MP: Plan afoot to raise supply, lower price of life-saving plasma

  • Purvi Jain, Hindustan Times, Bhopal
  • Updated: Jun 06, 2016 17:13 IST
Plasma is often thrown away in India because of preservation problems and lack of laboratories that can extract albumin from it. (Pic for representation)

After platelets and red blood cells are extracted from blood to treat patients of anaemia, dengue and malaria, the leftover plasma is often thrown away. But the 2016 national blood policy says the plasma should be used to make life-saving drugs.

In line with the national policy, the Madhya Pradesh Public Health Services Corporation Limited (MPPHSCL) is getting ready to float tenders for companies willing to separate plasma components.

“This move will help patients get albumin easily and also curtail black marketing because it will be available at nominal prices,” said KK Thassu, the state’s director of health services.

The companies will get plasma at Rs 1,600 a litre. They will have to extract human serum albumin from the plasma and return it to government blood banks.

Albumin is a protein in human plasma that helps maintain levels of calcium in the body and transports nutrients or drugs effectively in the blood stream. It is used for treating low blood protein, tuberculosis, cancers and severe burns.

Plasma is often thrown away in India because of preservation problems and lack of laboratories that can extract albumin from it.

Plasma worth Rs 6 lakh wasted in MP every year

“In our blood bank at least 15,000 units of plasma is wasted every year,” said an official at a prominent blood bank in Bhopal. The amount of plasma wasted in 2014 in Madhya Pradesh was worth Rs 6 crore. The shortage has opened a huge racket that sells albumin at a premium, on the sly.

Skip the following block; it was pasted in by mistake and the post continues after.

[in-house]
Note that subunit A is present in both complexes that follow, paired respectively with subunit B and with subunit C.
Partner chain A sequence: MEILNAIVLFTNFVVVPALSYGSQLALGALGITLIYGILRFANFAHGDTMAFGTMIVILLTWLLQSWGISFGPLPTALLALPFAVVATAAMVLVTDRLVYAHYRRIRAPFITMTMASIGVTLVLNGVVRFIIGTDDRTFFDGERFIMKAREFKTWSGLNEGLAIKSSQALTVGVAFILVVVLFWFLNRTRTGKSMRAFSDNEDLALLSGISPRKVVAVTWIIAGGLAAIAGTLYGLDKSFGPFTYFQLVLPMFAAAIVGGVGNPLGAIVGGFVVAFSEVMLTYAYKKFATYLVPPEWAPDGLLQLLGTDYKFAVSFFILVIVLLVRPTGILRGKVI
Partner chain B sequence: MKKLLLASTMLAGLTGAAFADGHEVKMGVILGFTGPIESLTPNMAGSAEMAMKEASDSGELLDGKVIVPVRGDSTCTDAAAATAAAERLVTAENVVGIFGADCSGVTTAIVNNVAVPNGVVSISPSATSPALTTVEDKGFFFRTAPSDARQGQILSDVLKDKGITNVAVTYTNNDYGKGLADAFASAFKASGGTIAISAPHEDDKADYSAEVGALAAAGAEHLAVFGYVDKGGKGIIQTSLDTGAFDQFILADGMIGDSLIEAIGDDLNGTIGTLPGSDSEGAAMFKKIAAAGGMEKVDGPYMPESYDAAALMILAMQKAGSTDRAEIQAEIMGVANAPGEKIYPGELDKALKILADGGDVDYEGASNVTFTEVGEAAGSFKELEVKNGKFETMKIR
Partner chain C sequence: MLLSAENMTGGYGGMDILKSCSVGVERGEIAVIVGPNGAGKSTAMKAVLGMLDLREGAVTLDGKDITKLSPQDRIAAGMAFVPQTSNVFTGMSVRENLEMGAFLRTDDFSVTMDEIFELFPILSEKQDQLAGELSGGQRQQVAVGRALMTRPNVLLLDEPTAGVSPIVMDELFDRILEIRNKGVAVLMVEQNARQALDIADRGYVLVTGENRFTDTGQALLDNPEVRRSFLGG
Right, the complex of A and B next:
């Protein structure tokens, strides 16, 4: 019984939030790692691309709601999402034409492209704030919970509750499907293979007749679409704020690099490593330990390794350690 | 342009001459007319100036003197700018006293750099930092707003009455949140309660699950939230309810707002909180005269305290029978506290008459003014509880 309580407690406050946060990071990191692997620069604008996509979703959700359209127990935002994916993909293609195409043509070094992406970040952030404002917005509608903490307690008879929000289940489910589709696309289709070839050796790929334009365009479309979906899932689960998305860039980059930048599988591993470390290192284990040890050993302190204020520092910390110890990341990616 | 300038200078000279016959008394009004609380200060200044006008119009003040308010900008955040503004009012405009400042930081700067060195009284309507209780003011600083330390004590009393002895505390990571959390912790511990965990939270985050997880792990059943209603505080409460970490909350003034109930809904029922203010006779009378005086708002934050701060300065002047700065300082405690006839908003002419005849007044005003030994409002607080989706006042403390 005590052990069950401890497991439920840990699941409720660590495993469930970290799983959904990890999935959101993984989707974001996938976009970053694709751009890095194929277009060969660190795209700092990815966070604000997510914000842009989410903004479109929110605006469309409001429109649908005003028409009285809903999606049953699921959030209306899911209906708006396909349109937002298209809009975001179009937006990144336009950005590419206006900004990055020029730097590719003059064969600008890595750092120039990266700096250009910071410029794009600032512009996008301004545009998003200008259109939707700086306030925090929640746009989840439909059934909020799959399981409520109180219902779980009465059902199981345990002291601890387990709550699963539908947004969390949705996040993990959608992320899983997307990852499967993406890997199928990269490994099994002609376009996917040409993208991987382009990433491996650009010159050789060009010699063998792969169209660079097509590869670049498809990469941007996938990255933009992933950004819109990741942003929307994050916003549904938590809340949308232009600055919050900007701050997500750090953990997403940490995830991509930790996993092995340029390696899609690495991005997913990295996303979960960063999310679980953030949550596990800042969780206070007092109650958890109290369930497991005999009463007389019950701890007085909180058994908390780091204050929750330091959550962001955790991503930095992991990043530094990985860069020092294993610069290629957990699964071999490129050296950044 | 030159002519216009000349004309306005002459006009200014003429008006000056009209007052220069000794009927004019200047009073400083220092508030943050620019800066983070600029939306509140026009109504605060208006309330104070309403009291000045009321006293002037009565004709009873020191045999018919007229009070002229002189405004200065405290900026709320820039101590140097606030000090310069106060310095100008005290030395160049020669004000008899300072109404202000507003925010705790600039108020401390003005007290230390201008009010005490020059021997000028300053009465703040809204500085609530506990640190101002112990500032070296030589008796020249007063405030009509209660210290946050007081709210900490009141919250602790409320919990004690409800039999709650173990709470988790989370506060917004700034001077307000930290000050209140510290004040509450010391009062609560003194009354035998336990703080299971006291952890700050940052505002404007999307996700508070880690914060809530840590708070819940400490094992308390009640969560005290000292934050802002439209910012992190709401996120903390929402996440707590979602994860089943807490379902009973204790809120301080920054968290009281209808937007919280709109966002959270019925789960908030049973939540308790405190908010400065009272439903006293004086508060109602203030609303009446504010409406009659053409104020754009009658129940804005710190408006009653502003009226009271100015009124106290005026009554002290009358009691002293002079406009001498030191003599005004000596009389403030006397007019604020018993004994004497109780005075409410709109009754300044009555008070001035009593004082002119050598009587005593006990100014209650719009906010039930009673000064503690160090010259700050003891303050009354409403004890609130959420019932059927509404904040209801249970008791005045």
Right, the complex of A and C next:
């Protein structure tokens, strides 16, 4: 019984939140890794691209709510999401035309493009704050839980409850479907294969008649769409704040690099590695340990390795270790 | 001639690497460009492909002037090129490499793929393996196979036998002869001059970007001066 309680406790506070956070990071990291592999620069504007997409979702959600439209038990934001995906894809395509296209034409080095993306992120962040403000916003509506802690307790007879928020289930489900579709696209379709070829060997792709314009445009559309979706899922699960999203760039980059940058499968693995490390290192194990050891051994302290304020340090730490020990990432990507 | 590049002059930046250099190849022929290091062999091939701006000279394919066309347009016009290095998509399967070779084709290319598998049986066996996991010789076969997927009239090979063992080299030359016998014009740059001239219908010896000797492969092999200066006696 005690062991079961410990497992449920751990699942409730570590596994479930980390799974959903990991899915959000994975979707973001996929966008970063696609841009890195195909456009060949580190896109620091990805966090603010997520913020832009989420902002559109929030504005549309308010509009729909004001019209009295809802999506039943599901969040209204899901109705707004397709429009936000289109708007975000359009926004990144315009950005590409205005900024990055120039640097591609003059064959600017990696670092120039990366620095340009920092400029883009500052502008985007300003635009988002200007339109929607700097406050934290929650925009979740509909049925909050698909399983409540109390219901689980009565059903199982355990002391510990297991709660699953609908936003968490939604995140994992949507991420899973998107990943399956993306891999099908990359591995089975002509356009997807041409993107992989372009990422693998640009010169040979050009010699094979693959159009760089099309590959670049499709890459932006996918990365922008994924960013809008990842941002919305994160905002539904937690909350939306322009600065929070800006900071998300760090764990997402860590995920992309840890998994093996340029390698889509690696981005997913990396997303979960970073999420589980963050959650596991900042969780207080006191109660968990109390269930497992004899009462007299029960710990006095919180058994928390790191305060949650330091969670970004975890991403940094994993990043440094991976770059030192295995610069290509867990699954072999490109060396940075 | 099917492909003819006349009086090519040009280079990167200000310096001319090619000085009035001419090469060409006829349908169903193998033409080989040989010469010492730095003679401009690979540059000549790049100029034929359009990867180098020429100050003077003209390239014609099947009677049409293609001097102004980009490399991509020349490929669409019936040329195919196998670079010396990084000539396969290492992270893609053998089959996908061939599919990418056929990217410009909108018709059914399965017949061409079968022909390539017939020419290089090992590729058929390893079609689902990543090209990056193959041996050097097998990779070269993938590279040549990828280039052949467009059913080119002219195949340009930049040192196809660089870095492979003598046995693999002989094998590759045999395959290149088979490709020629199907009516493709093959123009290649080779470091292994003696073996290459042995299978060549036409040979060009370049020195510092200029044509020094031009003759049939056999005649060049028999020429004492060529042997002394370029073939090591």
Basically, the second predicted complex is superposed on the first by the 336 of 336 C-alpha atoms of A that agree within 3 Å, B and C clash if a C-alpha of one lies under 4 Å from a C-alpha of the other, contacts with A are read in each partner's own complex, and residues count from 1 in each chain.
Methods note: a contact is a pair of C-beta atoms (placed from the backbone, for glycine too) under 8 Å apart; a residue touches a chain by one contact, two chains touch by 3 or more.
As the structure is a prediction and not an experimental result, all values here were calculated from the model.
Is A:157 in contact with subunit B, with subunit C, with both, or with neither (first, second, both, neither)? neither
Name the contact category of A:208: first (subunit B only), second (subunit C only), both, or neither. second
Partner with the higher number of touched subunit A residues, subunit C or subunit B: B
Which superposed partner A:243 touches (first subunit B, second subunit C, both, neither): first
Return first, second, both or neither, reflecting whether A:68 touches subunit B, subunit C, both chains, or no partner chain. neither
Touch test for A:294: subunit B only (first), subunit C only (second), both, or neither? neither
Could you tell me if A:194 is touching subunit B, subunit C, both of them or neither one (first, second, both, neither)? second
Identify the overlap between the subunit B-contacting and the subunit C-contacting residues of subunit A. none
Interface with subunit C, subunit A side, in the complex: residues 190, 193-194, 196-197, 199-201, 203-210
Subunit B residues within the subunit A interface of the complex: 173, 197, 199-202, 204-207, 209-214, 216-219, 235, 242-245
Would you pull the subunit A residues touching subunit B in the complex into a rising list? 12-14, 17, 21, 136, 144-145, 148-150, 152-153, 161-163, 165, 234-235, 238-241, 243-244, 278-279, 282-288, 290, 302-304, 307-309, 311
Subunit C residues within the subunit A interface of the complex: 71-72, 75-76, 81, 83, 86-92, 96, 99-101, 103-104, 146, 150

Apart from Madhya Pradesh, shortages are reported in pharmacies and hospitals in Mumbai, Pune, Delhi, Kolkata, Chennai, Jaipur, Chandigarh, and cities in Gujarat.

“I had to buy albumin for treating my father-in-law’s cancer. The chemist told me that only 180 bottles are available in the entire state, supplied by the National Aids Control Organisation (NACO). So, I had to buy it from illegal sources for Rs 8,000 for 100ml,” said Pradeep Khandelwal, a Bhopal resident.

He paid nearly double the normal cost, which ranges between Rs 4,300 and Rs 5,300.

The National Pharmaceutical Pricing Authority (NPPA) slashed the price of 100ml of albumin from Rs 4,000 in 2013 to Rs 1,650. But the cut led to illegal trade of the product, prompting the Drug Price Control Order (DPCO) to increase the price again.

India is dependent for its requirement of albumin on other countries

Fueling the racket is the fact that India is dependent on supply from the US, European nations and South Korea where albumin is processed from plasma.

“Over 25 million litres of plasma is segregated across the world every year. India is not capable of either processing the plasma locally or manufacturing therapeutic products,” said Lalit Jain, president of the medical association in Bhopal.

An NACO official said a government laboratory in Mumbai has the required equipment and knowhow for the purpose but it is being upgraded for the past 10 years. “It cannot take the load of the entire country. State health departments have the option of tying up with private labs for the purpose but a large chunk of plasma invariably goes waste,” he said.

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